timelimit 15
  bind_timelimit 15
  bind_policy soft
  nss_initgroups_ignoreusers root,sys,... and all your other local system 
accounts in /etc/passwd ...
If you have chosen to list all users in the initial logon dialog, this might 
crash when the LDAP server is unavailable. If so, disable this by setting the 
following line in /etc/gdm/gdm.conf-custom in the [greeter] section. 
  :  :
  :  :
The easiest way to test is by using su. While the LDAP server is available do 
something like this and check that .security.db has been updated. 
ls -l /var/cache/.security.db 
  -rw------- 1 root root 8192 2008-08-28 08:31 /var/cache/.security.db
  Thu Aug 28 10:09:03 EST 2008
su fred
ls -l /var/cache/.security.db 
  -rw------- 1 root root 8192 2008-08-28 10:09 /var/cache/.security.db
# the time stamp on .security.db shows that is has been updated with fred's 
You can run cc_dump. This is part of the libpam-ccreds package, and shows what 
passwords are stored in .security.db.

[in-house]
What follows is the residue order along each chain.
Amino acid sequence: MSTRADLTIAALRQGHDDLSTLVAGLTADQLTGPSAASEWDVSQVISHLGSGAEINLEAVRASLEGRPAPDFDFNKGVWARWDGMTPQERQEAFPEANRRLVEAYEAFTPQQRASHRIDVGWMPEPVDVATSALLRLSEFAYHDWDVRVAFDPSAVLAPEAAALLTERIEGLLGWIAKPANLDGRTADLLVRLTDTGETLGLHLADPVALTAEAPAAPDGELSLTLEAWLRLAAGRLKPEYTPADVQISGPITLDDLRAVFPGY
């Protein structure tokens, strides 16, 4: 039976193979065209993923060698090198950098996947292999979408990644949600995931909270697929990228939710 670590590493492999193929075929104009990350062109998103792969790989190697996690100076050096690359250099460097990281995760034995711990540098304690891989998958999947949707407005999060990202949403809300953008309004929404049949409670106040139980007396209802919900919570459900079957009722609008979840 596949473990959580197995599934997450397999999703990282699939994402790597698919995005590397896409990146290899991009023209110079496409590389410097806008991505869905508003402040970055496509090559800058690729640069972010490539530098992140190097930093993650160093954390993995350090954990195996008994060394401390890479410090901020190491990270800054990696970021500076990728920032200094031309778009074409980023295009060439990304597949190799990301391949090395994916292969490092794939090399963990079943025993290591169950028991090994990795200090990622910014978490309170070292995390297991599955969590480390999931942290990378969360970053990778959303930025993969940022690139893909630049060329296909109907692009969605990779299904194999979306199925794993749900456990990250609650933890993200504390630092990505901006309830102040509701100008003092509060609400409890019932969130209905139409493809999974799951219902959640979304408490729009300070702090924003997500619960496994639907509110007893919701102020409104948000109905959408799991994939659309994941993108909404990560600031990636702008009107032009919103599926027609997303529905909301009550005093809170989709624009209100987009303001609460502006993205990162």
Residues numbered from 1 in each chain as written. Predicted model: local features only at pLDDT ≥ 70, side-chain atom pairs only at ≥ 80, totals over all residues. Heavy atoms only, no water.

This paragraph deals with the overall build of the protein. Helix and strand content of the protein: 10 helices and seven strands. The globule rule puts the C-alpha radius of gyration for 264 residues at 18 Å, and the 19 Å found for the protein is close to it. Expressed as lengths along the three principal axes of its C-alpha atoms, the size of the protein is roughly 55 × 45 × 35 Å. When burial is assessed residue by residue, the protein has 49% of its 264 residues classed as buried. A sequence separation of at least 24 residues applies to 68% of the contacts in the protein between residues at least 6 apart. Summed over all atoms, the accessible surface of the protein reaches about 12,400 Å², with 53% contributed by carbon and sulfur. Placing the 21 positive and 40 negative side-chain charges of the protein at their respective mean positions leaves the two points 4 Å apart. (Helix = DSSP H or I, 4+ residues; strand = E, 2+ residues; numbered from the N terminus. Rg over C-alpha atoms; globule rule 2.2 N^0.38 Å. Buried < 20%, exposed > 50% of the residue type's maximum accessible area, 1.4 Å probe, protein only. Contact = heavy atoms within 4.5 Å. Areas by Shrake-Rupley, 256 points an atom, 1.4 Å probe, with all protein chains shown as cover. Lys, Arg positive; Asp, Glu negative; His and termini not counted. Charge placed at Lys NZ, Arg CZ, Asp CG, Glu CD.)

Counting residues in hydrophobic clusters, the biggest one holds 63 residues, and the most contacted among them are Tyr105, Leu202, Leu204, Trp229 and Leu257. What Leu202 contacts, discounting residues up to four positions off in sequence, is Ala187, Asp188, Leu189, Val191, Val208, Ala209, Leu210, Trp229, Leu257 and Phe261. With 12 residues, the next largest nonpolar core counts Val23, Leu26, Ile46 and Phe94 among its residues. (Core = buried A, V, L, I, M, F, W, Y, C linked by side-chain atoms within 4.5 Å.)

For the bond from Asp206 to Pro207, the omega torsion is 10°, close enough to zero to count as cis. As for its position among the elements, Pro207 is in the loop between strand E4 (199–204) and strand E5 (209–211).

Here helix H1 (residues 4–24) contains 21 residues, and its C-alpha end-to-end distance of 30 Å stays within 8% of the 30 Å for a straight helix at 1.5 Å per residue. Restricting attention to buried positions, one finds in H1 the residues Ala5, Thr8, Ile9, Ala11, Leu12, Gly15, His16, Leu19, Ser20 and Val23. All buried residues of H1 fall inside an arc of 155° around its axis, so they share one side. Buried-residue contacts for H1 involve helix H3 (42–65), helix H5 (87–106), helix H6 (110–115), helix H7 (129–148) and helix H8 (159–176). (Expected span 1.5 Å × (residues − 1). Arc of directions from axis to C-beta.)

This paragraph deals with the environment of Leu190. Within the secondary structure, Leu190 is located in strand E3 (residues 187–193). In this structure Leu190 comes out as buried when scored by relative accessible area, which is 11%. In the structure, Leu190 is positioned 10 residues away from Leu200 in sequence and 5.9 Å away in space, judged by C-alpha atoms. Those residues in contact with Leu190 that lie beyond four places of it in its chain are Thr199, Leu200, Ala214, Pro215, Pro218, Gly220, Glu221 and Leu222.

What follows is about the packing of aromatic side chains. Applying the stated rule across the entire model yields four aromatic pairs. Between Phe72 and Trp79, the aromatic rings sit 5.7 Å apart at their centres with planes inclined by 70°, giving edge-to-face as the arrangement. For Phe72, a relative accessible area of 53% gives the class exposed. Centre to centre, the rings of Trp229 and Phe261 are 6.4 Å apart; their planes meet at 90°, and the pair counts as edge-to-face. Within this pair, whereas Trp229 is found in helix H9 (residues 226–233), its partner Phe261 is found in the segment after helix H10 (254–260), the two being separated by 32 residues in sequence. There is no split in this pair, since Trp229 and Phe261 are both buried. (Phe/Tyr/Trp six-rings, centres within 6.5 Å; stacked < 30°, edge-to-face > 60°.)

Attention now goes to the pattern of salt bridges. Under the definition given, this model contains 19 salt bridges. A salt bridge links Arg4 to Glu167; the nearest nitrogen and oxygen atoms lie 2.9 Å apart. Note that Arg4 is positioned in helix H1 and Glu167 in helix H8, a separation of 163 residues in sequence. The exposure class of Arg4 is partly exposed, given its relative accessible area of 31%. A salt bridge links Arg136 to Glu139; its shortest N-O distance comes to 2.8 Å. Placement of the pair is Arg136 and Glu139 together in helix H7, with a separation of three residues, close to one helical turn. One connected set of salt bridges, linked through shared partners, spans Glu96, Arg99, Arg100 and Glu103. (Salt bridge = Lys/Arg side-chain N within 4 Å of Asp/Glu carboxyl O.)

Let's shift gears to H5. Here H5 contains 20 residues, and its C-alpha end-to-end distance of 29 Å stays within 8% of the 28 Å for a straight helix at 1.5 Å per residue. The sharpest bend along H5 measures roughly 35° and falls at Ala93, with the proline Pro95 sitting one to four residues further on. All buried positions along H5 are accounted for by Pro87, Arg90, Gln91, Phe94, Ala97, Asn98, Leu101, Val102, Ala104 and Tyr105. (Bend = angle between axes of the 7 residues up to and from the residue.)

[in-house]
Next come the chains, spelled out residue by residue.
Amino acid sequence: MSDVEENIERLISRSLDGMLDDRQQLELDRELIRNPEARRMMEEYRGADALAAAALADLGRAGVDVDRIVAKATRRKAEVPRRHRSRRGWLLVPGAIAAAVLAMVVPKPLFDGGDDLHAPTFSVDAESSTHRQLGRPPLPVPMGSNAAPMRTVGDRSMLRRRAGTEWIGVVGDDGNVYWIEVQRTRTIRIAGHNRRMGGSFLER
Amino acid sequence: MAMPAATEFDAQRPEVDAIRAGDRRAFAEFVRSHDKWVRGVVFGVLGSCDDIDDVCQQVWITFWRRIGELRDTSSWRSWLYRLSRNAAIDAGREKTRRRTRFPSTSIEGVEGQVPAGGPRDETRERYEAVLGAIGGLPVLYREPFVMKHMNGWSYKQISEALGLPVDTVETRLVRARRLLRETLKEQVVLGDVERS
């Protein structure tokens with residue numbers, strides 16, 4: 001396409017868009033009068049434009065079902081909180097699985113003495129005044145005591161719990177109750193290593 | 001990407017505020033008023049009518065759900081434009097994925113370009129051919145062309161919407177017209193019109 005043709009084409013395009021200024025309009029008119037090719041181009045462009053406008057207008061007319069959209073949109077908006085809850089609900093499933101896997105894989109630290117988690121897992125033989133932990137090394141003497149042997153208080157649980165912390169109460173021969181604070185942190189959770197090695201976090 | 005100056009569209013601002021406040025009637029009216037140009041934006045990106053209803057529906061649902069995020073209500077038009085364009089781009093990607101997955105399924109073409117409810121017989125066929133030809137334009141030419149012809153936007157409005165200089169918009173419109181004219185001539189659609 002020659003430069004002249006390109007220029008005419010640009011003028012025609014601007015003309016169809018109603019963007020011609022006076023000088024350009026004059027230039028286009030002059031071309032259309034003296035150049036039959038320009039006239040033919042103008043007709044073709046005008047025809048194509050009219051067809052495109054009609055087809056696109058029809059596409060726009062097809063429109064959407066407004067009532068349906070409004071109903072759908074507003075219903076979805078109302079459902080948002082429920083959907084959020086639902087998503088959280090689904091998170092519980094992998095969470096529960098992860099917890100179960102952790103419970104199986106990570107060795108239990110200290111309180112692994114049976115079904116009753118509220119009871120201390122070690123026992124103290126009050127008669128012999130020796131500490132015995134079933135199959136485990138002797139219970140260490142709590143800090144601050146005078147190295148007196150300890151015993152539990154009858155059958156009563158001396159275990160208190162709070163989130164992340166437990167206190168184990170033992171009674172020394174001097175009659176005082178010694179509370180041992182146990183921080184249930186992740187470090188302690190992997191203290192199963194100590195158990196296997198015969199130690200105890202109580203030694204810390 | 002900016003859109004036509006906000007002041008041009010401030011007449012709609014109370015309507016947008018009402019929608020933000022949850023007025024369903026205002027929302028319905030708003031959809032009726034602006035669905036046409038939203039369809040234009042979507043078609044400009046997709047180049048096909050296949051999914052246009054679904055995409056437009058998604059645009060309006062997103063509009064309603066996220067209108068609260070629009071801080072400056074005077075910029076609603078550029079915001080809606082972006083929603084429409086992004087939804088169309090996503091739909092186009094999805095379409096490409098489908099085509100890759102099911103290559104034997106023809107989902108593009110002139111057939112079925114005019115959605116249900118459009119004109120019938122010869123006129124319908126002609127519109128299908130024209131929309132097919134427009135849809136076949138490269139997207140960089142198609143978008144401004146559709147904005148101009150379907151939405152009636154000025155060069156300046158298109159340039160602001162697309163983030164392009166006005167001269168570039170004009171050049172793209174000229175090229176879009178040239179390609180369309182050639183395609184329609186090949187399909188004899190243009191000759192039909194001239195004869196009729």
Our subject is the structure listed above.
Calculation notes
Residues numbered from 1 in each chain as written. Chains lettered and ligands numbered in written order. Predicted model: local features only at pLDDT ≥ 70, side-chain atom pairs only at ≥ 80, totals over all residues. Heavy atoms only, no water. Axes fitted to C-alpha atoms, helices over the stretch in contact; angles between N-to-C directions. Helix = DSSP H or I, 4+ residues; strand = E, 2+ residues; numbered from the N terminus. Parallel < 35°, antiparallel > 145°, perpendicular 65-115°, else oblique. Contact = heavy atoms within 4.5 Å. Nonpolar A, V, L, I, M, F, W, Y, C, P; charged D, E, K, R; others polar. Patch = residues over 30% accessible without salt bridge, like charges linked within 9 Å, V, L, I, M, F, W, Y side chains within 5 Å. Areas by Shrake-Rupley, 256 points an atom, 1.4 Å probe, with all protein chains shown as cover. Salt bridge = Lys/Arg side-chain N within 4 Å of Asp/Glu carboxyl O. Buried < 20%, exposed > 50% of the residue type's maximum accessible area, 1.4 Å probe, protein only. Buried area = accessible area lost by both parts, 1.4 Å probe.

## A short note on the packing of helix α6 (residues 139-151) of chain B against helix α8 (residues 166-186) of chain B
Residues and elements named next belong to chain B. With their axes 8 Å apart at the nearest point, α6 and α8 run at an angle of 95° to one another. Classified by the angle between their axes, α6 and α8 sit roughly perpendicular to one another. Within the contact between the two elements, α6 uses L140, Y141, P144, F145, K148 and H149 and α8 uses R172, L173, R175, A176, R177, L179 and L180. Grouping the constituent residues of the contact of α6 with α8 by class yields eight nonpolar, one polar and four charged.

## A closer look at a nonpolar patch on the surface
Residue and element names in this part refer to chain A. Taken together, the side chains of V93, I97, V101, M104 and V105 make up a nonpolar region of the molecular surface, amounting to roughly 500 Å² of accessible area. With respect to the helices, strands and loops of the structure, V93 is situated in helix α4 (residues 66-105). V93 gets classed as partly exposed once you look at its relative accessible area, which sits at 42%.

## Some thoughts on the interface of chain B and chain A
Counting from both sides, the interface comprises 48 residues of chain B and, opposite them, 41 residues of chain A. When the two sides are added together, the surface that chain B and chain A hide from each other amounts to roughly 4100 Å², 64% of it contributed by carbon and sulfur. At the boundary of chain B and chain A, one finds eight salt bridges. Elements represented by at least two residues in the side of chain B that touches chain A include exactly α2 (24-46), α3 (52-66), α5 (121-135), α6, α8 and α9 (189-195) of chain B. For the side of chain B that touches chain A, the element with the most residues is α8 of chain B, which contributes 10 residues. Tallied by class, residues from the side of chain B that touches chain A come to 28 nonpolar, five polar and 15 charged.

sudo cc_dump 
  Credential Type  User             Service  Cached Credentials  
  Salted SHA1      fred             any     
This failed for me when the user account's password was not encrypted as 
{SSHA} in the LDAP database. Using smbldap-passwd to change the password 
fixed this problem. 
Now disconnect the PC from the network (or shutdown the LDAP service) and do 
similar to this. 
su fred
  You have been logged on using cached credentials.
# It works!
Warning for Ubuntu 5.01 Only
The packages needed for this feature are linked against libdb. To my 
experience all packages need to be linked against the same libdb to make 
everything work properly. This is not the case with ubuntu 5.10 were the 
installed packages would be the following: 
Instead of libnss-db (2.2-6.3) i installed libnss-db (2.2.3) from the current 
debian testing (etch). 
As mentioned above the libnss-db package from breezy/main is linked against 
libdb3 and will not work with nss-updatedb from breezy/universe. To 
circumvent this problem we need a package that is linked against libdb4.3 and 
auses no further dependencies. I recommend the libnss-db package from Debian 
testing (etch) which can be downloaded from 
http://packages.debian.org/testing/admin/libnss-db. To install the package 
open a terminal and type: 
sudo dpkg -i libnss-db_2.2.3pre1-1_i386
Further Information


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 Ministerio de Finanzas y Precios
 Linux user 366775
"En un problema con n ecuaciones
siempre habrá al menos n+1 incógnitas."